For members


CALCULATOR: How to work out your 90-day allowance in France

If you're visiting France and you're not a citizen of an EU country, your visits may be limited by the '90 day rule' - here's how it works, who is affected and how to calculate your trips so that you don't overstay your allowance.

CALCULATOR: How to work out your 90-day allowance in France
Photo by Eduardo Soteras / AFP


If you have the passport of an EU country – including dual nationality – you are not covered by the 90-day rule and are free to come and go from France as you please.

Non-EU citizens fall into two categories – those covered by the 90-day allowance and those who are not.

Citizens of certain countries, including India, need a visa for any visit to France, even just a long weekend, but other countries allow up to 90 days of travel without the need for a visa.

Brits, Americans, Canadians, Australians and New Zealanders are all covered by the 90-day allowance – find the full list here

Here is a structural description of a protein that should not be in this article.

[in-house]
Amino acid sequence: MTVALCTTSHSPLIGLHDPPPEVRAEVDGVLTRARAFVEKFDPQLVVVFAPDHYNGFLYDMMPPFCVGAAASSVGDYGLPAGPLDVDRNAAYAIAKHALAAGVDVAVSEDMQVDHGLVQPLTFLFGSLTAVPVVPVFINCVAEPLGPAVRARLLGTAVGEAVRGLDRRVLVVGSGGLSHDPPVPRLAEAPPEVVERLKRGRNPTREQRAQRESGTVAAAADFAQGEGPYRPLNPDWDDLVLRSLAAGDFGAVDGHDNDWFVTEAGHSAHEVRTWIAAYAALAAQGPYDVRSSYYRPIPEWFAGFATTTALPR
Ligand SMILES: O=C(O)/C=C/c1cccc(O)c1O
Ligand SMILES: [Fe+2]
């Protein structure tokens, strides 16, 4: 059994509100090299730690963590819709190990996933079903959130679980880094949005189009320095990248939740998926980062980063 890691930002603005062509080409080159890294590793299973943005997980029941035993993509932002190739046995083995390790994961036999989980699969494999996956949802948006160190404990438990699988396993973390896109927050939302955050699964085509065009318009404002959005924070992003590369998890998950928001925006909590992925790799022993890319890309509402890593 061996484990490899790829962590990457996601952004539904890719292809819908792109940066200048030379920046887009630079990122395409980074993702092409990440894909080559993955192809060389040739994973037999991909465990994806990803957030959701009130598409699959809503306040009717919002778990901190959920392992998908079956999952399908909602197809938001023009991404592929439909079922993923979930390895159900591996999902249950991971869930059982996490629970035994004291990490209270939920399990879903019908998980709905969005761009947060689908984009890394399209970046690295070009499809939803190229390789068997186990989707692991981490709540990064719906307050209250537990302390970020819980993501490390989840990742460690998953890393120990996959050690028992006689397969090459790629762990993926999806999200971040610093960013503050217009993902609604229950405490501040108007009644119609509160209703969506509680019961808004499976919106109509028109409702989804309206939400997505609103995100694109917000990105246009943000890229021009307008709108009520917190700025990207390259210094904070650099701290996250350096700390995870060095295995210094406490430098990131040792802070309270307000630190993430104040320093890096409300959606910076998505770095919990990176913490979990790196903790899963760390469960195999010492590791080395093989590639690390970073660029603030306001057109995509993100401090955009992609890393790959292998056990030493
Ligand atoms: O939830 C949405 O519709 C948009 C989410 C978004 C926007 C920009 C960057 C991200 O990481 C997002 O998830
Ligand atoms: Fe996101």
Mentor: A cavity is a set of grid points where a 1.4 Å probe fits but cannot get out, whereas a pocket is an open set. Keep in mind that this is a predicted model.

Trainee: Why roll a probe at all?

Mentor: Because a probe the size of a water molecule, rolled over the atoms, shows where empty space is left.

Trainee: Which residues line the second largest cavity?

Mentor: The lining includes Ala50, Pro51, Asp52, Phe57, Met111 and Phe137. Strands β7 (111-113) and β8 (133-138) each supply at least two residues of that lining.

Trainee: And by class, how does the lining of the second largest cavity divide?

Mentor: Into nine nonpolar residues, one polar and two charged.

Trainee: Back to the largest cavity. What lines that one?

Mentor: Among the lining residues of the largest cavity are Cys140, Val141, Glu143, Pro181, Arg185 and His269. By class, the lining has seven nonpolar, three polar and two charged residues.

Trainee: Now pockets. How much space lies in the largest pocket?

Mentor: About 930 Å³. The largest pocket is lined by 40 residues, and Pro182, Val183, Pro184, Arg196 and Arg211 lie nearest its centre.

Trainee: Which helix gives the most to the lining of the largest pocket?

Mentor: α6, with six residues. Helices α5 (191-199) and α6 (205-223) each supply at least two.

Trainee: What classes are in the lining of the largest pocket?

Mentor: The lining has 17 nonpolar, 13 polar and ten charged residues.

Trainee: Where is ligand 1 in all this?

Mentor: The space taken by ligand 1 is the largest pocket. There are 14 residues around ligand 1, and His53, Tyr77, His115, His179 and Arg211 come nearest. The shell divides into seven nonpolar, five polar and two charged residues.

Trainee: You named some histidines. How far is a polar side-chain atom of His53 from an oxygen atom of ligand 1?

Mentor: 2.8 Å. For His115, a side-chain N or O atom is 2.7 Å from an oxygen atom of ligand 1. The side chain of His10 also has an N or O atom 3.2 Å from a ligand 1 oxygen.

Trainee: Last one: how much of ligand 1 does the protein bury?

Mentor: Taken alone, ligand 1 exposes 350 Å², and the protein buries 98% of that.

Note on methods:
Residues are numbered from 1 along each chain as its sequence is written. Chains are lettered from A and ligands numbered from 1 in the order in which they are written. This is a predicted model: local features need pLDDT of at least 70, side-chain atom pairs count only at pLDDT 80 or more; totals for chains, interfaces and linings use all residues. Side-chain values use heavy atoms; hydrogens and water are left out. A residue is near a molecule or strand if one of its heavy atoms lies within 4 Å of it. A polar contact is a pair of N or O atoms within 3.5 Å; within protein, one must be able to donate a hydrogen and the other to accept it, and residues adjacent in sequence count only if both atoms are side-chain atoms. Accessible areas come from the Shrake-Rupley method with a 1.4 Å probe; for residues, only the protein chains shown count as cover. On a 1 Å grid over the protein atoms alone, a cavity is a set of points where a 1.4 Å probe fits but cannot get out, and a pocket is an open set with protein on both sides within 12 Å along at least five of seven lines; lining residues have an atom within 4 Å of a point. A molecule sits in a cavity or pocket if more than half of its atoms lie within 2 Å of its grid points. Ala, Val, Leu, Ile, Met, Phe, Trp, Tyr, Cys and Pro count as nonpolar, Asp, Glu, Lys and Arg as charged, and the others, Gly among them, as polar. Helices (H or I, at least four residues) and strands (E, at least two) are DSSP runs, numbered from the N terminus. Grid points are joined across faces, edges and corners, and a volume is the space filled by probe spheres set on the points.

Blue marks the EU/Schengen zone, green is countries covered by the 90-day rule and citizens of red countries require a visa even for a short trip. Map: European Commission


The 90-day rule states that you can spend 90 days out of every 180 in the EU or Schengen zone without needing to get a visa or residency card.

The allowance is for the whole Schengen zone, so if you’re travelling to multiple European countries your tally is for all the days you have spent within the Bloc.

For example, if you spent 85 days in France and then travelled to Spain for a fortnight, that would take you over your 90-day allowance because both France and Spain are Schengen zone countries. 

The allowance means that in total over the course of a year you can spend 180 days in the EU/Schengen zone without needing a visa – but the crucial point is that your 180 days cannot be all in a single block.

This means that, for example, you can’t spend the summer in France and the winter in the UK, or vice versa.


So – the crucial bit – how do you go about calculating your allowance?

The people most likely to be affected by this are second-home owners and freelance workers or contractors who make multiple short work trips to the EU.

If you travel for work, it’s important to note that your 90-day allowance covers all trips for all reasons – so you need to add in any European holidays as well as work trips to your total.